ALBANY — Some of Long Island’s biggest players are fighting behind the scenes on different sides of a proposal to expand ride-sharing services such as Uber and Lyft statewide, while the State Legislature and Gov. Andrew M. Cuomo negotiate issues for a potential special session this month.

The Long Island Association business group that has worked closely with Cuomo on Tuesday made a formal pitch to extend ride-sharing services upstate and on Long Island, according to a letter obtained by Newsday. The letter to lawmakers was sent days after Cuomo announced his support for the proposal to expand ride-sharing services, which are already allowed in New York City.

“Ridesharing has the potential to offer residents a reliable and affordable transportation option around their communities,” wrote Kevin Law, president of the Long Island Association, in a letter to Cuomo and legislative leaders. “Ridesharing may improve the experience of commuters who drive to and from the Long Island Rail Road. With Uber available, train riders could have an additional option to help them commute without the expense of a second car or parking.”

Traditional taxi companies are fighting the proposal, which could be acted upon along with pay raises for legislators in a special session that could be scheduled within days.

“State lawmakers must reject this insulting and dangerous proposition, which would put millions of upstate riders at risk,” stated the Upstate Transportation Association of taxi companies.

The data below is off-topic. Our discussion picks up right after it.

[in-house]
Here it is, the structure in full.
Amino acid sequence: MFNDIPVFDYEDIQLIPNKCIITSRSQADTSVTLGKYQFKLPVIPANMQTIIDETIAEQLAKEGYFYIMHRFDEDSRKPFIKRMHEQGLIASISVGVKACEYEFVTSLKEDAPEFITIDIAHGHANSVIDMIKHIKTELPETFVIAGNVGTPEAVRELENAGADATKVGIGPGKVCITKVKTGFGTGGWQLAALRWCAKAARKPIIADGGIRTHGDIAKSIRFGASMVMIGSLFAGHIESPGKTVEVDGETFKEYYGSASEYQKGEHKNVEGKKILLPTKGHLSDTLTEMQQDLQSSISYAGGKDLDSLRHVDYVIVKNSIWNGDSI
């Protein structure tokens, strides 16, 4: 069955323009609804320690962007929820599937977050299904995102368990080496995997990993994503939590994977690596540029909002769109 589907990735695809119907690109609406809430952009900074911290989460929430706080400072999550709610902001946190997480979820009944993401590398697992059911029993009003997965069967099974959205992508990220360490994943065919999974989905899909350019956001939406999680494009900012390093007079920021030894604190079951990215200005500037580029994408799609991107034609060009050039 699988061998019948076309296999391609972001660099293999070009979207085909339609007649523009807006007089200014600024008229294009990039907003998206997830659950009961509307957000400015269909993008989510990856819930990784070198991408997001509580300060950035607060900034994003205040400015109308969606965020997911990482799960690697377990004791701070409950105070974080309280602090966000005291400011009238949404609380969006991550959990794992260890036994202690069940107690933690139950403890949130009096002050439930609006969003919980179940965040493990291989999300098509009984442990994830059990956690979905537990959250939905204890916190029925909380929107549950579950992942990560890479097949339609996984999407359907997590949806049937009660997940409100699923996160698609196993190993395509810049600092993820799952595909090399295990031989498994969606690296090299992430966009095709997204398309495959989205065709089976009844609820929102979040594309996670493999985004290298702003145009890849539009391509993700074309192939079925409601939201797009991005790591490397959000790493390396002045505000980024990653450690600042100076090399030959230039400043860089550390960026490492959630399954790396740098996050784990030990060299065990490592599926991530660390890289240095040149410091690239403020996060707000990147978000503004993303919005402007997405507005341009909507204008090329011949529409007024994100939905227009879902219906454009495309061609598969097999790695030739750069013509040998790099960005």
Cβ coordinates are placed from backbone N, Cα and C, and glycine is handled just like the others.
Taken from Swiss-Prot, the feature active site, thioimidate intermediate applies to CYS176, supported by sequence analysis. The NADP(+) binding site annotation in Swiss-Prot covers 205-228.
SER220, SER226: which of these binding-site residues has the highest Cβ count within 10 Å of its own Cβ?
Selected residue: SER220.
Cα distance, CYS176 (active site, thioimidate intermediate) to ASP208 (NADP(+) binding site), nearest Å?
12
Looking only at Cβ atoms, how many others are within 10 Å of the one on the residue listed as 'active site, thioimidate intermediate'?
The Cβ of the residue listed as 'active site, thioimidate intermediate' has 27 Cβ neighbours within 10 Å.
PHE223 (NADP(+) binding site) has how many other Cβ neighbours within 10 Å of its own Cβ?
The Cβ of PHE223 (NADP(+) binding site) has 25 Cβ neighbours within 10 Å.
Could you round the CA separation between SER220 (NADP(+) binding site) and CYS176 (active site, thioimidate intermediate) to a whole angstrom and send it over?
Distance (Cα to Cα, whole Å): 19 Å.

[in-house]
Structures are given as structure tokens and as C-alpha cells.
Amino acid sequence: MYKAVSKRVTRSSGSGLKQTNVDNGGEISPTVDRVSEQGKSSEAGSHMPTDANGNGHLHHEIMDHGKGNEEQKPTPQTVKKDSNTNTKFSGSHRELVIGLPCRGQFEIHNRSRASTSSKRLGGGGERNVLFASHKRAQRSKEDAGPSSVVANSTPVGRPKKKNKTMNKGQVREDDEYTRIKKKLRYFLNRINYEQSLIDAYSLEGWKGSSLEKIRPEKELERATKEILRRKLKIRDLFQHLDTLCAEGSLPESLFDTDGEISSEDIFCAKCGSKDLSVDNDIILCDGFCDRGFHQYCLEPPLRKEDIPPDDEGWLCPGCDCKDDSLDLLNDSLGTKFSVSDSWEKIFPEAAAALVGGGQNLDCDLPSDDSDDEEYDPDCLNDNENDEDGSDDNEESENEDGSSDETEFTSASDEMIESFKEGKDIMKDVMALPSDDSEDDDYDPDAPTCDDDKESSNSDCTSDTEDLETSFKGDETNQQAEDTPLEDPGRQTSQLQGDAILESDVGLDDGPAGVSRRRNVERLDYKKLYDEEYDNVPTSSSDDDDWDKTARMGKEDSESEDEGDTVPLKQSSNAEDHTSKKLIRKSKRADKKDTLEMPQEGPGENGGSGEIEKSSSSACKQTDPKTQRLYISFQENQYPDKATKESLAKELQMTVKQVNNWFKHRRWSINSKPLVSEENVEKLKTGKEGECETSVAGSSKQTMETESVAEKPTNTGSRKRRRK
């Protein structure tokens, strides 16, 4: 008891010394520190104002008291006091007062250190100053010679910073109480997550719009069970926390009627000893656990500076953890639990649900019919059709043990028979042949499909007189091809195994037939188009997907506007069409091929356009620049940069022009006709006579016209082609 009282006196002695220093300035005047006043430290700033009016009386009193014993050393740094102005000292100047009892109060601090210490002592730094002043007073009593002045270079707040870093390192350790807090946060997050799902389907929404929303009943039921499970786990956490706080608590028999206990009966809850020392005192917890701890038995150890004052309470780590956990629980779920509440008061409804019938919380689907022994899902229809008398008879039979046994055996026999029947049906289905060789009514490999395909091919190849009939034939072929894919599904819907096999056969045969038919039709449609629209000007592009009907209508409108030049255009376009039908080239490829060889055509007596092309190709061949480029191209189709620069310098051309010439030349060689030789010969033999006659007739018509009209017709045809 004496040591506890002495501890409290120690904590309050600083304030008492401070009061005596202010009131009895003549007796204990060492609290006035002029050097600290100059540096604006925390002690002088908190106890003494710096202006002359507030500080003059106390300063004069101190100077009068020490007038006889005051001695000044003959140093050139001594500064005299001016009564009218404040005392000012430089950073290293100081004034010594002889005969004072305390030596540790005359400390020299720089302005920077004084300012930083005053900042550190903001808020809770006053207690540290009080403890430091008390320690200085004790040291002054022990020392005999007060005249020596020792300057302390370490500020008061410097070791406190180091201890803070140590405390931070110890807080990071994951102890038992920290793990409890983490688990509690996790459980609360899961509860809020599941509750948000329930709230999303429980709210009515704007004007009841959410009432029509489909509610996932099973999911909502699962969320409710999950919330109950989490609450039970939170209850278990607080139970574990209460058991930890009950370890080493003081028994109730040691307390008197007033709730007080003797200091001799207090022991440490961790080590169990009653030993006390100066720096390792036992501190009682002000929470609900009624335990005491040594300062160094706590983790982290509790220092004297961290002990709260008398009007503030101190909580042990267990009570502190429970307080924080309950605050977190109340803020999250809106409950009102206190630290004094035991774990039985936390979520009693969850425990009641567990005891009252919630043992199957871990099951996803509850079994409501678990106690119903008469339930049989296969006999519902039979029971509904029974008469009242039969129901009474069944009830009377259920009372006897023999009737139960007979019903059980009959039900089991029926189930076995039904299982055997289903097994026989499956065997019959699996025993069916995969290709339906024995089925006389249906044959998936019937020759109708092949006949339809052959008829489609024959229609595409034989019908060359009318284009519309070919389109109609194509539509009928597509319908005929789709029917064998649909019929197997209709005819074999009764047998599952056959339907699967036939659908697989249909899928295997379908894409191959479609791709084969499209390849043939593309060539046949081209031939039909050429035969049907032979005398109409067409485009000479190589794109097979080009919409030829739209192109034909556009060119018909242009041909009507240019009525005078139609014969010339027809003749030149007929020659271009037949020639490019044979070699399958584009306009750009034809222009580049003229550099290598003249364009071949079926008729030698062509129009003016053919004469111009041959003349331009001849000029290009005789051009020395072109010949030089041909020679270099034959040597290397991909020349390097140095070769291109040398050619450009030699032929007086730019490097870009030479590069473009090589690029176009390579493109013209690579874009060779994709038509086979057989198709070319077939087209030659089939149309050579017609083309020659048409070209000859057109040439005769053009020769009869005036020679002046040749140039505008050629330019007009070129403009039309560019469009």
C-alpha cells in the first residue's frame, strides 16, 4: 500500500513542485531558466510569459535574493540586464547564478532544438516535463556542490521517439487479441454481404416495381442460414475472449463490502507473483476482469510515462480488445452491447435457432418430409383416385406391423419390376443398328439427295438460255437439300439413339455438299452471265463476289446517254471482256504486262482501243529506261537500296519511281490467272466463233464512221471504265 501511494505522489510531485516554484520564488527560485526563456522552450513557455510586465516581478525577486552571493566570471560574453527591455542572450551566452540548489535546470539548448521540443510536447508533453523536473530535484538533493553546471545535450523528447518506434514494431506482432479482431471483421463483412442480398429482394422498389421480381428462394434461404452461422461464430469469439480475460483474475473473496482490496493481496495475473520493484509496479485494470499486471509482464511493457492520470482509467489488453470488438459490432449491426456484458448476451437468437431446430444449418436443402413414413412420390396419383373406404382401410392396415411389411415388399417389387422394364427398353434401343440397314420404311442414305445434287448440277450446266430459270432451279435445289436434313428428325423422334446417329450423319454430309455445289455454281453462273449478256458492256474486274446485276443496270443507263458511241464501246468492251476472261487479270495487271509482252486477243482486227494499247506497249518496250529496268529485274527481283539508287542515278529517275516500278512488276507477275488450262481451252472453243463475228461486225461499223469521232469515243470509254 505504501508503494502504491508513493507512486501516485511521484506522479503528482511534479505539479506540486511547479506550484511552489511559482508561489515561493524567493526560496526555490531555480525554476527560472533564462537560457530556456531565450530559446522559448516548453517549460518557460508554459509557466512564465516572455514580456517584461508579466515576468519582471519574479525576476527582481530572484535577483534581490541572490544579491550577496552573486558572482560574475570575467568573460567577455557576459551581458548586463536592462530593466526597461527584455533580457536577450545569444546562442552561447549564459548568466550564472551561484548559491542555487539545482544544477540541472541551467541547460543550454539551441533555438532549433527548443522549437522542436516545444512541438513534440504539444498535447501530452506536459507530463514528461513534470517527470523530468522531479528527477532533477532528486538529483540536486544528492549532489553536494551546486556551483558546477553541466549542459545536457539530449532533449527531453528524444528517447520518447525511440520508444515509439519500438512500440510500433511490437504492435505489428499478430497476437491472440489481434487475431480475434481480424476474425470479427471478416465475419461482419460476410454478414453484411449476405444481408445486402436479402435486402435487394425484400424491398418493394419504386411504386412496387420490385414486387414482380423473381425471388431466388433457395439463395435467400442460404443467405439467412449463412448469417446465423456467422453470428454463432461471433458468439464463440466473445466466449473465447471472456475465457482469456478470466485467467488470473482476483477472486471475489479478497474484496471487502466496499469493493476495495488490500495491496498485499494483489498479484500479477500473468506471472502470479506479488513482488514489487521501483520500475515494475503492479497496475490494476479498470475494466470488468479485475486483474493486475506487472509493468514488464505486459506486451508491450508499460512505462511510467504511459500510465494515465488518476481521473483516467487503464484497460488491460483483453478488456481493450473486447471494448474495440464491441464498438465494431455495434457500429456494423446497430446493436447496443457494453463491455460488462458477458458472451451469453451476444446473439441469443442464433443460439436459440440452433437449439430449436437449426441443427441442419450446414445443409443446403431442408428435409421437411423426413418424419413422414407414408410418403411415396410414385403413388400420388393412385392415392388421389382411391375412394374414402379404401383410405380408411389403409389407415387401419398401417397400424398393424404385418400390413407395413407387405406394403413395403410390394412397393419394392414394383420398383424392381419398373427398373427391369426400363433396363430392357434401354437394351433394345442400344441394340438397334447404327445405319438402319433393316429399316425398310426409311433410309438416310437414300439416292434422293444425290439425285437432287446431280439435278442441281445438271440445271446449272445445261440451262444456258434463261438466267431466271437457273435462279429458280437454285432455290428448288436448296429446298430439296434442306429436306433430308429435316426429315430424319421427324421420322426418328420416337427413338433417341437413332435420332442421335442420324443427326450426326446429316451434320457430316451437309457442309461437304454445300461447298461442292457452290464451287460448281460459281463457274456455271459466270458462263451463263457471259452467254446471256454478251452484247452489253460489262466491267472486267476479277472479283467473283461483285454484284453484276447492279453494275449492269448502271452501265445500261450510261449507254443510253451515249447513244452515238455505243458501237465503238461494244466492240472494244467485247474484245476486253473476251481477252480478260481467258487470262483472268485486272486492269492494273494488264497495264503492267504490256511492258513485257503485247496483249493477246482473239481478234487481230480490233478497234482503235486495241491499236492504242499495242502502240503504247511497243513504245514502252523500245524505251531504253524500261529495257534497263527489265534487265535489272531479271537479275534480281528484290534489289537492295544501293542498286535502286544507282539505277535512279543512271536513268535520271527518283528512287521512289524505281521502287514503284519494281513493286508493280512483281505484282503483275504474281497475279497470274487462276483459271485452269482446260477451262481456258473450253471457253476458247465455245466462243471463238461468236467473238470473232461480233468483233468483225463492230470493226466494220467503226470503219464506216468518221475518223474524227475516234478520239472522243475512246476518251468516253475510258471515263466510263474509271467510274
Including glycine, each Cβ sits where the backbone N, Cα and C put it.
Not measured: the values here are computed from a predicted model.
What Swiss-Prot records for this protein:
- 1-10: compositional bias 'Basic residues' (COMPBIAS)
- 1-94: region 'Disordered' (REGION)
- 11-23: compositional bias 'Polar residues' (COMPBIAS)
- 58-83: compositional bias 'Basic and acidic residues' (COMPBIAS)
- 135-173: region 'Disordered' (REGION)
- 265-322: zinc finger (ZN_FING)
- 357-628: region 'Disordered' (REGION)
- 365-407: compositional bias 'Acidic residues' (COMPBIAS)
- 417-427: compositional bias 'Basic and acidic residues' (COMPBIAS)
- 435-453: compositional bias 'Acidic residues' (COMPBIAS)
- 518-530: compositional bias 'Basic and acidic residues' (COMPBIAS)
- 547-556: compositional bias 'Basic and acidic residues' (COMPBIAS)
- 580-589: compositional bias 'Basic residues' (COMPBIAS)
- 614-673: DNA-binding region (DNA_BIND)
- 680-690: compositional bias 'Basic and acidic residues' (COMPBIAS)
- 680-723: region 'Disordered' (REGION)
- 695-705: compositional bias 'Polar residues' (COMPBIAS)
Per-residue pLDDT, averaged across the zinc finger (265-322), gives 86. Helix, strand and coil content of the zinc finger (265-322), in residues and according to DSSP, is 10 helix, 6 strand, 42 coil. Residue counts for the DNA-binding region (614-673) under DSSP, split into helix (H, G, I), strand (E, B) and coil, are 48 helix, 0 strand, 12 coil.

State lobbying records show the Nassau & Suffolk Taxi Owners Association has hired the Park Strategies lobbying firm of Manhattan, which was founded by former Sen. Alfonse D’Amato.

As lobbying by both sides intensified this week, Uber on Wednesday offered further enticement for upstate legislators by announcing it would begin negotiating partnerships with its drivers to provide transportation to games of the Buffalo Bills, the Buffalo Sabres, the NCAA basketball tournament and concerts.

Legislative leaders said that talks continue this week for a potential special session, but that they and Cuomo are trying to negotiate deals on issues such as ride-sharing before returning to Albany to vote on legislative pay raises.

Legislators may get raises in their base pay to about $99,000 a year for the part-time jobs that now carry a base pay of $79,500 before leadership stipends and per-diem payments are received for expenses. It would be the first raise for legislators since 1999.

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